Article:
KEENE — Torrential rain from Tropical Storm Irene turned the east and west branches of the Ausable River into monsters a year ago.
Like serpents, river currents rose with lashing waves and a surging force that pushed everything out of its way.
By good providence, no one was killed in afflicted Essex County towns, though the National Weather Service marked 7.55 inches of rainfall at Whiteface Mountain between Aug. 28 and Sept. 1, 2011.
Many residents faced treacherous rescue as their homes were inundated. And those who went in after them — by boat or by rope or by ladder — were firefighters and trained emergency medical technicians.
But even the rescuers were affected.
Volunteers with two of the county’s fire departments could only stand by and watch as rivers ripped through their fire-station walls and swept valuable gear into the roiling, fluid tempest.
Fire stations in Keene and Upper Jay remain damaged to this day, with limited and, in Keene’s case, temporary use.
MUST MOVE SOON
State, federal and local officials are still trying to come to terms with costs for rebuilding the fire stations, vital links to public safety.
Flood damage to the Keene Fire Station was terminal — the building is condemned.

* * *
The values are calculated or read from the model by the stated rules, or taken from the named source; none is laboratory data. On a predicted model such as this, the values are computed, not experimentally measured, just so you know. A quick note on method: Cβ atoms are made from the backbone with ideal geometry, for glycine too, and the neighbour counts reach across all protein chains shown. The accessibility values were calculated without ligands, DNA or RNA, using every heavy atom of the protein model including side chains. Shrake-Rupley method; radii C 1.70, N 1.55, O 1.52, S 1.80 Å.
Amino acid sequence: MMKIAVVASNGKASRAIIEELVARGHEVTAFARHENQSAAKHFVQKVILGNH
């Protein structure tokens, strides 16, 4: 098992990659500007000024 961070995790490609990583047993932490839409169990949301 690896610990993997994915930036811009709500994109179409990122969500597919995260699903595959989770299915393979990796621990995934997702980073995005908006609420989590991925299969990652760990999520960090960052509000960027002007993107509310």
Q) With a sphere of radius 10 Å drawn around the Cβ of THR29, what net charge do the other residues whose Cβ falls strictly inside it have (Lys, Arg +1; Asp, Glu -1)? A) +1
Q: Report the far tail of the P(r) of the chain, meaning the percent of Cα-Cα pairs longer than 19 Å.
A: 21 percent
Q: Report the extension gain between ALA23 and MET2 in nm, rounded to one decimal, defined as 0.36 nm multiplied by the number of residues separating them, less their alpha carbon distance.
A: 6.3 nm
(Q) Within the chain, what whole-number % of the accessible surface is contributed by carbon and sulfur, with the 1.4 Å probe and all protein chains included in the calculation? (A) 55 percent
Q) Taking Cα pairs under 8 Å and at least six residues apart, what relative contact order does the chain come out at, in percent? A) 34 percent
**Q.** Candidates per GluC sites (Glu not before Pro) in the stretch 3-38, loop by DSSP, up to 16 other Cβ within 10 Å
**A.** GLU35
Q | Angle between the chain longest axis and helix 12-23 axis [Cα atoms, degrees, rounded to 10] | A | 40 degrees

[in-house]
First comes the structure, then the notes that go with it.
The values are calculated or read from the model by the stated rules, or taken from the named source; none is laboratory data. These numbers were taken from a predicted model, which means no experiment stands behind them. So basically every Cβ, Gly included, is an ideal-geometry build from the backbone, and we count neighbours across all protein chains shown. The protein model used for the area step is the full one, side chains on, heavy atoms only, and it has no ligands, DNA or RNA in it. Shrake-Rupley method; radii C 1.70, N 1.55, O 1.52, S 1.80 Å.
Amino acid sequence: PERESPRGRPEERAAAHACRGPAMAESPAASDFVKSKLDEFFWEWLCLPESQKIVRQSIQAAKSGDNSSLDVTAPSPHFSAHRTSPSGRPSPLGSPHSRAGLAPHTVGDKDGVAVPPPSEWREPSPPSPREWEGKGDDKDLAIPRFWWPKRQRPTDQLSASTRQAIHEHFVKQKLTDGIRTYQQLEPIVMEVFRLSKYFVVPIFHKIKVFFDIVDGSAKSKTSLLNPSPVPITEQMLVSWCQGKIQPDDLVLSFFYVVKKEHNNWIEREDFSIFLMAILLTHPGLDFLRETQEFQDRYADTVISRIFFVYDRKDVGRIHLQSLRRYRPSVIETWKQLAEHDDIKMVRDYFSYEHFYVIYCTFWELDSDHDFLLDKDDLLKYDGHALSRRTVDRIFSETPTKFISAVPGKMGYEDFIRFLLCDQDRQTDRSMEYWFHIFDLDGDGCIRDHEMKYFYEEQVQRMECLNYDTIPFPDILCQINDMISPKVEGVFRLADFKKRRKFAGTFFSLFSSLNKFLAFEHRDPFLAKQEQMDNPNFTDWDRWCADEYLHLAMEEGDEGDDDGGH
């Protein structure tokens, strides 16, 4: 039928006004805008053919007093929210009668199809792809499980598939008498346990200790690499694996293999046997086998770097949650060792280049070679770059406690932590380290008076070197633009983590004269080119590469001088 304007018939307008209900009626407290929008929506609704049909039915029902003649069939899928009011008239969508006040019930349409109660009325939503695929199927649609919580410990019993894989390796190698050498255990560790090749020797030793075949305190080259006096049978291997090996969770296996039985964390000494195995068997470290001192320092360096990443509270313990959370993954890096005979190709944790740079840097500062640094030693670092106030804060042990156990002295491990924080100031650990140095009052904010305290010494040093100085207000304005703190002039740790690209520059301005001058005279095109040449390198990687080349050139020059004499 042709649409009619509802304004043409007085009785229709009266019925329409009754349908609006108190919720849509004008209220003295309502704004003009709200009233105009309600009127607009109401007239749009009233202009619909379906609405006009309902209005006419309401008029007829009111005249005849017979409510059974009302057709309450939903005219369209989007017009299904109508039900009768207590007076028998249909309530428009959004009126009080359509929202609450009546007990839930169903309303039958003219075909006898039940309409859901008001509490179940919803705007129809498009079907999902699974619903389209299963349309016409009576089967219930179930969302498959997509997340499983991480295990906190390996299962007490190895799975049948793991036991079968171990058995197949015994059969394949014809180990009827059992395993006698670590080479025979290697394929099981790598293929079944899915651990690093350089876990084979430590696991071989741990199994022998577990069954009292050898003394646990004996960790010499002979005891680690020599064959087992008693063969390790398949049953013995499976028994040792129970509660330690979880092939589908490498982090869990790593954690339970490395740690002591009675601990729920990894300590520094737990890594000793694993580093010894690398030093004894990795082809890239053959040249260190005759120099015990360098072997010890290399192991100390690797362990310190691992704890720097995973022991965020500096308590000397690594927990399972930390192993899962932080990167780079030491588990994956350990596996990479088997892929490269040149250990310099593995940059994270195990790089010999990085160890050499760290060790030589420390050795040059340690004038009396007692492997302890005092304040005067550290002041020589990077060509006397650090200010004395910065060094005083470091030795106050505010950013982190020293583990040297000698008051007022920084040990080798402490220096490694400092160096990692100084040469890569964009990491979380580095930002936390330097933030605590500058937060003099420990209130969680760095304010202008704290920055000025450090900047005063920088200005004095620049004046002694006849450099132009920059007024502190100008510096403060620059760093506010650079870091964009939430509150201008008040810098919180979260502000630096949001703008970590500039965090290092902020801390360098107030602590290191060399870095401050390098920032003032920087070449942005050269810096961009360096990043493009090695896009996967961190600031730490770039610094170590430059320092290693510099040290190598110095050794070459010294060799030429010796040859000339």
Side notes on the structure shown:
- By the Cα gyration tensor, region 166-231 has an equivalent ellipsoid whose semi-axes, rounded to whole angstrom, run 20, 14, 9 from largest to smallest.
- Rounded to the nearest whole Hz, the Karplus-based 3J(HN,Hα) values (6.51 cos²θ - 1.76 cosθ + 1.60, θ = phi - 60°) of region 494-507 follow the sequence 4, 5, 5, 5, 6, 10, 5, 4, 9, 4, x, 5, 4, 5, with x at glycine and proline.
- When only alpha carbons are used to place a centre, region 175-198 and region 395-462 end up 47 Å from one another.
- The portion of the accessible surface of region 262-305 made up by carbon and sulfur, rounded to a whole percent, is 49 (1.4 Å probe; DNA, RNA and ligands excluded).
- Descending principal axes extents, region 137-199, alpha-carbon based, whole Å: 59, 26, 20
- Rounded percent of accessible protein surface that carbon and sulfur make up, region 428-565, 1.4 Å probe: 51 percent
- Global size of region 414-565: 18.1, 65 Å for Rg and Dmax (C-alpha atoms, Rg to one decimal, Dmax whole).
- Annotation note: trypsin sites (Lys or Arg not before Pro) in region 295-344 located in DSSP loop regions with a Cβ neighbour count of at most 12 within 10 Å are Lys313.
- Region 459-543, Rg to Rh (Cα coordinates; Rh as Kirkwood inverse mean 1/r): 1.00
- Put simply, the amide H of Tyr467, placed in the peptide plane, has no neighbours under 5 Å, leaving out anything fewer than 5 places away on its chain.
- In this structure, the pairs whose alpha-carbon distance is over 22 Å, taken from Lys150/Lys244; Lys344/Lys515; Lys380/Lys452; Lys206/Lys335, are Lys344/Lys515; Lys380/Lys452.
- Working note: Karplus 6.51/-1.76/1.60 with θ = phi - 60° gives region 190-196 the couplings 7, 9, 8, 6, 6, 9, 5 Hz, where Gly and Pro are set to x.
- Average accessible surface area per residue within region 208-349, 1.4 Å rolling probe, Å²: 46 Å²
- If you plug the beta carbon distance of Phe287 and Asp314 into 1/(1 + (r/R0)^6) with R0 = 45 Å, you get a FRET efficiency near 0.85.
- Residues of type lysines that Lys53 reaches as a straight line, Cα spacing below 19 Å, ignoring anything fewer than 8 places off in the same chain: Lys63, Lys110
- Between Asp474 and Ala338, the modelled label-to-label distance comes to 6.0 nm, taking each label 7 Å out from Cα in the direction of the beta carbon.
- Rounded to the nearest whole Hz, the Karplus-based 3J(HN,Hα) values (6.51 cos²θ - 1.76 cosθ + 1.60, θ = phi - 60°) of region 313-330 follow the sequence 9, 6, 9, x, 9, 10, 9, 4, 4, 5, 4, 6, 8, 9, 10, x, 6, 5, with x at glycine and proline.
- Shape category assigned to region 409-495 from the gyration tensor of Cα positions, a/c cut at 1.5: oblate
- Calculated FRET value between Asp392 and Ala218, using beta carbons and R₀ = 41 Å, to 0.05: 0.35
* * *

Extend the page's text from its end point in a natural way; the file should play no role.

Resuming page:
“We’ve got two fire trucks in what remains of the Keene station under a temporary certificate of occupancy that expires at the end of August,” said Alan Cary, chairman of the Keene Board of Fire Commissioners. “We were told when we got it that it would not be renewed.”
The company’s other fire trucks are stored in other barns and garages.
Insurance money allowed Keene to begin plans to rebuild and relocate with an initial nod from the Federal Emergency Management Agency for some $600,000 in disaster-recovery money.
But as shovels were poised for breaking ground earlier this month, commissioners were told the FEMA allowance was to be cut in half, based, commissioners believe, on dimensions and code aspects of the building’s structural design.